Co Down

Supermoon Swimming
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Words Maureen McCoy
There is something magic in a moonlight swim, with that disc gleaming pearly white.
The call of a bird across the beach, I can’t see her in this muted light
As I take off my shoes and press bare feet into the cool, damp sands,
I remember a time many moons ago, when I held my brothers hands.
Our first night swim, a Donegal beach, we begged our parents consent.
And scrambled our way down a steep sand-dune, there stood with nervous intent.
I couldn’t have been more than seven or eight but I remember that night so clear.
Adventure, excitement, the cold and damp, all tinged with an escence of fear.
Now forty years on and again I stand, as wavelets caress the shore
Silver threads dance that are soon to be lost, as the waves retreat once more.
As I cast my clothes in a heap on the sand, my skin glows a milky white
And I step into the water, a silver-tipped grey, under pearlescent moonlight.
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©Paul McCambridge – MAC Visual Media –  Renown Irish Artist Neil Shawcross takes his weekly dip in Strangford Lough, over 40 yrs he has kept this ritual

Words by Maureen McCoy, Photos by Paul McCambridge

Neil arrived in the café, casually dressed in jeans and a shirt, he immediately spied us across the room and approached with a smile. I was relieved as we had arrived late due to the horrendous traffic and a staff member had told us that Neil had had to go on to take his brother to the airport, but that he would be back if we would wait. Of course we would.

As Neil shook Paul’s hand he introduced me saying,

“This girl swam the Channel…”

Neil shakes my hand and seems intrigued, he pulls himself a chair as I launch into the reason we asked to meet.

“I believe you are also a keen swimmer.”

“Yes.” He confirms, “I swim in the sea every week, all year through.”

I explain the concept I’m working on, this diary of swims, writing how I feel during the swims and of others who swim, what they gain from it, why they do it. Is it meditative? Does it clear the mind? Is it for the health benefits?

Neil thinks for a moment then looks intensely at me, smiles and says

“I do it for fun. There is perhaps an element of the rest, I’m sure there are health benefits and it’s certainly become a habit, but mostly I do it because it’s fun and I have done for forty years.”

It’s refreshing to hear such a simple explanation, something so in line with how I feel, it is fun, and that’s the point.

His face becomes more animated as he talks of his regular swims with his friend, Henry French. He clearly does love this, it’s written on his face, and he seems pleased to talk to a couple of like-minded folk who understand.

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©Paul McCambridge – MAC Visual Media – Maureen, Henry and Neil

I think of how many of the poets and artists of the past who also enjoyed the freedom of swimming in the sea, rivers and lakes. Of course, then, that was where one bathed – swimming pools are a fairly modern phenomenon – but it seems sea swimming is now done by a growing number as simply an enjoyable thing to do. It’s not seen as a workout, performed for some future goal of health, fitness or weight loss but rather for the pleasure it brings at the time. That strikes a cord with me, being ‘in the moment’ is something I strive to be aware of and I catch glimpses of it. Swimming can be one of those glimpses, the watch is discarded time is forgotten and so, briefly, stands still. Of course later, after I dress, or perhaps it’s during that dressing, time has to catch up again and suddenly I am brought back to the fast world with a bump.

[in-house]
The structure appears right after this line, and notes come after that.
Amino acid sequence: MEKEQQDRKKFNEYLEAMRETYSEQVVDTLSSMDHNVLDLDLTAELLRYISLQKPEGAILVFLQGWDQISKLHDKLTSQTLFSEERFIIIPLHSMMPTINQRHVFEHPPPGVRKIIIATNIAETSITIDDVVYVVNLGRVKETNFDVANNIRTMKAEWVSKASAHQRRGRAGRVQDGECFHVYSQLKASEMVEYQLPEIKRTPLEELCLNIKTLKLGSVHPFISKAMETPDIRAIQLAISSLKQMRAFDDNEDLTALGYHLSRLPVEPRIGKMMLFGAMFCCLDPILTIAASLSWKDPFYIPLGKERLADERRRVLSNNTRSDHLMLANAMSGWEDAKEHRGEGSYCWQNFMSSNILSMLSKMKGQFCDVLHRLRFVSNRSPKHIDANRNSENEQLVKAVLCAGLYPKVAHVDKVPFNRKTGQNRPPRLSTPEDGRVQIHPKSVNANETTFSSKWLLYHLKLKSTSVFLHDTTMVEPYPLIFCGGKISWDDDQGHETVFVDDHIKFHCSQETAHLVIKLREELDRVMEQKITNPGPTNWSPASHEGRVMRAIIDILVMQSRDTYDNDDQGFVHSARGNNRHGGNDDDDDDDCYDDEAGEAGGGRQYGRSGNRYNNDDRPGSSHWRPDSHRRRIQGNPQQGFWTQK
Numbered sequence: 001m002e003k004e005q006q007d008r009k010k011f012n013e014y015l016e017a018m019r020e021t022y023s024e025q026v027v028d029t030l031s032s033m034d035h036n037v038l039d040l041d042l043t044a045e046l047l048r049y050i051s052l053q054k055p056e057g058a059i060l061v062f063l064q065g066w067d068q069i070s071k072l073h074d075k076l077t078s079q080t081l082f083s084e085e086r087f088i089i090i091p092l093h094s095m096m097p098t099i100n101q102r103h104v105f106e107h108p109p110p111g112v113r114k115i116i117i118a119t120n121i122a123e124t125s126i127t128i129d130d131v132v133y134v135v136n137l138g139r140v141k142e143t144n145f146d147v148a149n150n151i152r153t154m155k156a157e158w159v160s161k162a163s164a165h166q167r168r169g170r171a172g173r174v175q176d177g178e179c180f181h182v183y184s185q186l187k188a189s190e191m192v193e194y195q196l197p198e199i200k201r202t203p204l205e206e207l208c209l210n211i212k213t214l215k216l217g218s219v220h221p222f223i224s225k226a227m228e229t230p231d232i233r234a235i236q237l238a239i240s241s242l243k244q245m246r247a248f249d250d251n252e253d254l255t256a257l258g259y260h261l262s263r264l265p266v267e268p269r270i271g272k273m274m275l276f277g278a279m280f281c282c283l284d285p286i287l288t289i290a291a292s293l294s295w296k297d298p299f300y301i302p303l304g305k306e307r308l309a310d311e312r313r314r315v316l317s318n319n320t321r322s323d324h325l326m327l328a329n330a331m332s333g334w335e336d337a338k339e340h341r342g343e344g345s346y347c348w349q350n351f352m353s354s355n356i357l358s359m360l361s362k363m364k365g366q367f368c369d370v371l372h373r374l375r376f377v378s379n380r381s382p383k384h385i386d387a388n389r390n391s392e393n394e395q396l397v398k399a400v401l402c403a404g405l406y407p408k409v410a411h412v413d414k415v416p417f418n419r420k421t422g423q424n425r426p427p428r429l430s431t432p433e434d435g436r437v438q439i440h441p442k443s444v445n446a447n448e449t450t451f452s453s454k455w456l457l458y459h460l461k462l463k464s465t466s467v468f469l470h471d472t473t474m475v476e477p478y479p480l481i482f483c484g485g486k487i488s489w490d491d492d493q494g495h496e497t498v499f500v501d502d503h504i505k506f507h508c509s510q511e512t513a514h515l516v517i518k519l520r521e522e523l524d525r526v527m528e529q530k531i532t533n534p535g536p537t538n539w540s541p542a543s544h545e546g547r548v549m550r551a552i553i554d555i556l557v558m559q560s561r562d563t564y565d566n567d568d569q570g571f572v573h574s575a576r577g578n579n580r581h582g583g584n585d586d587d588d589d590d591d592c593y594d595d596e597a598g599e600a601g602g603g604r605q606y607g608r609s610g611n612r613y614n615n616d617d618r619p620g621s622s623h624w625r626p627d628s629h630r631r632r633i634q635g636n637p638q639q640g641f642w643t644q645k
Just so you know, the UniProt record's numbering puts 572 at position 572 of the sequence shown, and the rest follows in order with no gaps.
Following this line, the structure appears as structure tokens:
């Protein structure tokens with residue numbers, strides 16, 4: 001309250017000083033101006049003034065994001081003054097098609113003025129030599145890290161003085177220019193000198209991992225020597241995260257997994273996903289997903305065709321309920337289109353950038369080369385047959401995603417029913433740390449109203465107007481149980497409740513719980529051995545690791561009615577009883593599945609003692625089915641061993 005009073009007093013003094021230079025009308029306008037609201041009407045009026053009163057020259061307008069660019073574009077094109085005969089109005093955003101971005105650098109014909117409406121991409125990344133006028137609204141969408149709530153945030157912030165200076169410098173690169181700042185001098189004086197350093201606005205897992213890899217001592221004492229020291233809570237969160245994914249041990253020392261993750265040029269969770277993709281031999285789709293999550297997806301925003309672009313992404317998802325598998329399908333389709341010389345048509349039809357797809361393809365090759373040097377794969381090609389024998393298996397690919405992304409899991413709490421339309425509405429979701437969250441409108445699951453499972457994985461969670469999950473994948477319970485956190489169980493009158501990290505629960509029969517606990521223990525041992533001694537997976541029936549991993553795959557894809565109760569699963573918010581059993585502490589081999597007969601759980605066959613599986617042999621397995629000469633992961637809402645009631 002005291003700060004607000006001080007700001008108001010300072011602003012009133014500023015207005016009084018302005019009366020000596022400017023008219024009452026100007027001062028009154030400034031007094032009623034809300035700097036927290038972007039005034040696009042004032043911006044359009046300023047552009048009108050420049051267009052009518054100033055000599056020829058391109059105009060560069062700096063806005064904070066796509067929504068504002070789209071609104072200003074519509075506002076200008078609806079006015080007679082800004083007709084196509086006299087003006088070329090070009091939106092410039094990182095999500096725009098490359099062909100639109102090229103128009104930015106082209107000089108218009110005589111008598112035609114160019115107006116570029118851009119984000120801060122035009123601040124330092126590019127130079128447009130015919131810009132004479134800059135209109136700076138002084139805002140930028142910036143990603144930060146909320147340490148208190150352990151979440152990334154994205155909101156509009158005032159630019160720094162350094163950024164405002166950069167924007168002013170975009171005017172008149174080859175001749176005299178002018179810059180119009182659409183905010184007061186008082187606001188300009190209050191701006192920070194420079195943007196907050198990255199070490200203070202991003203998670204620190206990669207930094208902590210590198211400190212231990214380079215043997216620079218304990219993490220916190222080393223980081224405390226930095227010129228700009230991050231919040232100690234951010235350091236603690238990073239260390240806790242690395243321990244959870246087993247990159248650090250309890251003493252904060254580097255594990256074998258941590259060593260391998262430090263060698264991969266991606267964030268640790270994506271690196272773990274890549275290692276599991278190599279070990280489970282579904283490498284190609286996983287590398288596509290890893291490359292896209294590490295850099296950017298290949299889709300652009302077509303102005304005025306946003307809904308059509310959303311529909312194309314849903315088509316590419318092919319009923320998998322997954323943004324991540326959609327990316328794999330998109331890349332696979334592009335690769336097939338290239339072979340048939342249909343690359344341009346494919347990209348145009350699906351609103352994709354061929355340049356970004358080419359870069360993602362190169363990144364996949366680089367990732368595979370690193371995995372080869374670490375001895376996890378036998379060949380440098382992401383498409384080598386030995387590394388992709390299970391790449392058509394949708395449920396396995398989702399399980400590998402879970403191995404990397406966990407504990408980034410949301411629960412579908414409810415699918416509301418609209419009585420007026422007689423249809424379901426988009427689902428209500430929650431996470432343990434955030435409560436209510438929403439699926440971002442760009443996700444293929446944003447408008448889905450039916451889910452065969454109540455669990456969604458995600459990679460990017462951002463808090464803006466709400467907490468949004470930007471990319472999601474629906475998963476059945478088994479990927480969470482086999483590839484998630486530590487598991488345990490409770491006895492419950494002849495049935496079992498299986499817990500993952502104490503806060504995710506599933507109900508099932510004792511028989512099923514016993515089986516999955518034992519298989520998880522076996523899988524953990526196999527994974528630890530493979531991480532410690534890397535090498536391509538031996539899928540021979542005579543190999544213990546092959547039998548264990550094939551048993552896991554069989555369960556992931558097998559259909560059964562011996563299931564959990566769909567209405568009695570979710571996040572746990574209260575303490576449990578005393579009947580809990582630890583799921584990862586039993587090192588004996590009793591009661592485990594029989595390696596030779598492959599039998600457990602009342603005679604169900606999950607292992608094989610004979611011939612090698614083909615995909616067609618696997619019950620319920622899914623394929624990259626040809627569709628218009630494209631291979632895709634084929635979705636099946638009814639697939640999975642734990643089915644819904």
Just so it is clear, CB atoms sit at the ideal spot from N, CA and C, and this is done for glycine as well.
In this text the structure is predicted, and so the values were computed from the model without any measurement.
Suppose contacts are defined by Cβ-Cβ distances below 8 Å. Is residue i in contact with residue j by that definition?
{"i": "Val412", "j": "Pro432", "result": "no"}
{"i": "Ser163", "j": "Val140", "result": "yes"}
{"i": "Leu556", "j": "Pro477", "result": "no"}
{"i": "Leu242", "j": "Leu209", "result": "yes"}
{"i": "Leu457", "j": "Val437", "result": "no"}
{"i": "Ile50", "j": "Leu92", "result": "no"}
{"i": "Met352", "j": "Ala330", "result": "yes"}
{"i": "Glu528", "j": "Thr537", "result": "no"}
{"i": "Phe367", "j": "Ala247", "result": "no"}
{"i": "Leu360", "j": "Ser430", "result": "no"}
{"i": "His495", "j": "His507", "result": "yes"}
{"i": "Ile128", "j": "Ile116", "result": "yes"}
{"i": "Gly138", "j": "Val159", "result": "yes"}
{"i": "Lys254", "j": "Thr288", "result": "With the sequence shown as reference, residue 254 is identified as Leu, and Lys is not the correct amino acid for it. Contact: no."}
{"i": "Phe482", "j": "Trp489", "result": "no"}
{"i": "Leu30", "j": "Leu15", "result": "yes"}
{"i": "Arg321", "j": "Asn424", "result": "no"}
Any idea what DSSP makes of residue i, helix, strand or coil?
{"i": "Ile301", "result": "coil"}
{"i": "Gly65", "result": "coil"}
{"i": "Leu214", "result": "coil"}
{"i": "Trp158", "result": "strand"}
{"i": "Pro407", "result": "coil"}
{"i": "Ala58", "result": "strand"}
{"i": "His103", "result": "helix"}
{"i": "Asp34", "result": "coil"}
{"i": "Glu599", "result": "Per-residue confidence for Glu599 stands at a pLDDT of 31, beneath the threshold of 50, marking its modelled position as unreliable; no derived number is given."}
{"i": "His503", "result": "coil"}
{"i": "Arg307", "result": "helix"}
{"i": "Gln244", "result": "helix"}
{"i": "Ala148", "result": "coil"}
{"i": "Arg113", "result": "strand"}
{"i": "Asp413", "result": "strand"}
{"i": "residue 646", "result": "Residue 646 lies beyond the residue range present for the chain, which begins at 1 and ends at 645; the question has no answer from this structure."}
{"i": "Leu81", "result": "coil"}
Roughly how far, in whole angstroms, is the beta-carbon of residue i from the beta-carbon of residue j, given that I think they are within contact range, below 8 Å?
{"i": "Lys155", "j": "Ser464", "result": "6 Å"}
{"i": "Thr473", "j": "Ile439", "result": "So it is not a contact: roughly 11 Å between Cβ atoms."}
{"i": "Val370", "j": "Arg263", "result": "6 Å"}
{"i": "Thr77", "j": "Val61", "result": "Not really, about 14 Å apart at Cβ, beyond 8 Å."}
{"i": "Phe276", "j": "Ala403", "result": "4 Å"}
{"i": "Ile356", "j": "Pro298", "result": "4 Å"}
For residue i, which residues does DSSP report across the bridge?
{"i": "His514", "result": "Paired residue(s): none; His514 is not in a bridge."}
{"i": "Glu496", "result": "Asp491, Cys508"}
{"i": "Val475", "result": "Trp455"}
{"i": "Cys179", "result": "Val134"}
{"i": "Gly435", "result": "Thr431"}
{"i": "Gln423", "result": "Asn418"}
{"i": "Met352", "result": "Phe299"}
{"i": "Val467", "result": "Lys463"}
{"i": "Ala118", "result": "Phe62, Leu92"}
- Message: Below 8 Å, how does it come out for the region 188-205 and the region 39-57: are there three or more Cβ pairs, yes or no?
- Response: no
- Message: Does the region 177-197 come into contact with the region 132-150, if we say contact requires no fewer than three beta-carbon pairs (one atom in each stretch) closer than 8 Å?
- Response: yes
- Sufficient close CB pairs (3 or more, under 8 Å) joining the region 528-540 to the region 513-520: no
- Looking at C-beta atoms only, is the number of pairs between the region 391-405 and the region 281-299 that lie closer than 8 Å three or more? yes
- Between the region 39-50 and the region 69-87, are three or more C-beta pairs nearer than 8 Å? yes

Neil is quite right, it is fun.

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©Paul McCambridge – MAC Visual Media – Renown Irish Artist Neil Shawcross takes his weekly dip in Strangford Lough, over 40 yrs he has kept this ritual

Since that first encounter, I have been able to meet up with Neil and Henry, Bob and Dougie many times to join them for this fresh sea dip. There is no ‘Hanging around.’ With these guys! My usual tentative, halting, walk in means I am put to shame. They will drive up, jump out of the car and nip behind the nearby wall to quickly strip into swim shorts then, with a childlike exuberance they race across to the water’s edge, walk straight in and begin to swim – no fuss.

I am left standing, marvelling; how do they do it? I know standing there and waiting will not make it any easier to take the plunge but for some reason I simply cannot will myself to dive straight in. Once I do stretch forward and move out into the deep water to join them my body tingles with the cold and I giggle with the joy of a swim for no other reason than pure pleasure.

The current is strong here so we will look at the boats moored a little way out and decide which direction to swim, the aim each time is to get in and allow the water to assist, sweeping us down towards the slipway. In the warmer weather we might take two of these trips, or begin by pressing up against the flow, working hard to gain a little ground against the strong current and then stop, lie on our backs and drift lazily back to our starting point.